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J Cereb Blood Flow Metab. 1994 Nov;14(6):887-91.

Attenuation of p53 expression protects against focal ischemic damage in transgenic mice.

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Division of Pharmacology, Burroughs Wellcome Company, Research Triangle Park, NC 27709.


Apoptosis or programmed cell death may be involved in neuronal death in the cerebral cortex after a permanent focal ischemic insult. Studies indicate that protein p53 is a major determinant of the cellular mechanism that leads to programmed cell death. Wild-type C57 mice and two groups of transgenic C57 mice, one homozygous and the other heterozygous for a p53 null gene, were subjected to middle cerebral artery occlusion. As expected, the wild-type mice had a large, consistent infarct volume (22.11 +/- 4.59 mm3; n = 10). Both transgenic groups had significantly less ischemic damage than the wild-type control group. However, unexpectedly, the heterozygous group had the least amount of ischemic damage (16.12 +/- 1.71 mm3, n = 11; 27% reduction in infarct size). The ischemic damage in the homozygous group (18.72 +/- 3.48 mm3, n = 9) was significantly less than in the wild-type control (15% reduction in infarct size) but significantly more than in the heterozygous group. Thus, although the absence of p53 expression was protective, greater protection was afforded by reduced expression of p53. These data suggest that attenuated p53 expression may be protective after an ischemic event.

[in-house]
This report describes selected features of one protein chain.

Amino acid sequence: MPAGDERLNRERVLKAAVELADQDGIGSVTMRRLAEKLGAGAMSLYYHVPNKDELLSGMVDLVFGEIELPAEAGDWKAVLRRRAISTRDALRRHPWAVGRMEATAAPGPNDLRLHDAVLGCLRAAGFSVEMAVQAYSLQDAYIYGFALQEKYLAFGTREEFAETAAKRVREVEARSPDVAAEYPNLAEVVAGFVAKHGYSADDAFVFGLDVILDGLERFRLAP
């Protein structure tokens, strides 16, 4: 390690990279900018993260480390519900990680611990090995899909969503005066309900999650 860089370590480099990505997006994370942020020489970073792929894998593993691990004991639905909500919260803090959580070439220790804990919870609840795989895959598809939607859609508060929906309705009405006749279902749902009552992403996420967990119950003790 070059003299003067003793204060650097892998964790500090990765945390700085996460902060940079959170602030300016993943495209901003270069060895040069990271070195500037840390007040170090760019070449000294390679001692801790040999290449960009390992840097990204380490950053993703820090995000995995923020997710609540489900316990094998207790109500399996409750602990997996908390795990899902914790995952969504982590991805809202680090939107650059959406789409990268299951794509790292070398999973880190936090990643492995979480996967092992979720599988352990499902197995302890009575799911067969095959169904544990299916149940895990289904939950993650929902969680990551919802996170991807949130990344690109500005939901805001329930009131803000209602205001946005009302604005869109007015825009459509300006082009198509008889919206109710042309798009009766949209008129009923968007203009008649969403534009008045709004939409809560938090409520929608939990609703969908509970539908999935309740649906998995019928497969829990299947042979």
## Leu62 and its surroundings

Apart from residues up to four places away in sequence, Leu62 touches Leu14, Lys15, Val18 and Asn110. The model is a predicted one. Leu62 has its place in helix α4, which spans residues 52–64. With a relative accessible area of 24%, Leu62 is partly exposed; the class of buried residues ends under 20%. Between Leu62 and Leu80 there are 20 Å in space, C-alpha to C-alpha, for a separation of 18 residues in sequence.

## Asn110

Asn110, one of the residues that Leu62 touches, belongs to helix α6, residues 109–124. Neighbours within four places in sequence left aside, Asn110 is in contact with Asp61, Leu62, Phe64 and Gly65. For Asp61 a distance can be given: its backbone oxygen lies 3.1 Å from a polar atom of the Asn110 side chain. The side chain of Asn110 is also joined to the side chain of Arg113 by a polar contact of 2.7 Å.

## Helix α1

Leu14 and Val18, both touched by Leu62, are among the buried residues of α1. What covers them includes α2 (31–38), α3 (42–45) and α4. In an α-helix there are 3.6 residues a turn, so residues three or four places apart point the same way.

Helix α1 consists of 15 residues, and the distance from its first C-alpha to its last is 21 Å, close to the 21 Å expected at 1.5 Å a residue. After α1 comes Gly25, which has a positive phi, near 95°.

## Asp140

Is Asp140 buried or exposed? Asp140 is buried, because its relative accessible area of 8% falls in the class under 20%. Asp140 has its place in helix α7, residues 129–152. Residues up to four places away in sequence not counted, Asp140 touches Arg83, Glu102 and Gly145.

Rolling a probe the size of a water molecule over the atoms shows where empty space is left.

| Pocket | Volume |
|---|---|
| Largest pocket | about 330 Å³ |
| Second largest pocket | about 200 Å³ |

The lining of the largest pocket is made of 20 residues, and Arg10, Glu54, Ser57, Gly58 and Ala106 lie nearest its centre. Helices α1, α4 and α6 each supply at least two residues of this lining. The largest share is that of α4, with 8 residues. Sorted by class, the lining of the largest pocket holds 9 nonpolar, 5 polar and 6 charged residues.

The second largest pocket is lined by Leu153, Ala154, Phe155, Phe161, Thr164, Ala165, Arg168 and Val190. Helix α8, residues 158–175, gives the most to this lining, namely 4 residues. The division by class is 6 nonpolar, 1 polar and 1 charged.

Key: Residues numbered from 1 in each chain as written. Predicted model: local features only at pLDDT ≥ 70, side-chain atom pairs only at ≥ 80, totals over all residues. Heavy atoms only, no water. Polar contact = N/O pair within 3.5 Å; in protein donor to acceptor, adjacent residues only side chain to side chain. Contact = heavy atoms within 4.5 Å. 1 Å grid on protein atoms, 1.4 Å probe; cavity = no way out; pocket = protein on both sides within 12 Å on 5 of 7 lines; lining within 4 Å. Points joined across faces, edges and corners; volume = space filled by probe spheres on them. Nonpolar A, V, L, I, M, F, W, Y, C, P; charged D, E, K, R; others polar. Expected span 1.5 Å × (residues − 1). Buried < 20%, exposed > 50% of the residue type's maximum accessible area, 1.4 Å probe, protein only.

[Indexed for MEDLINE]

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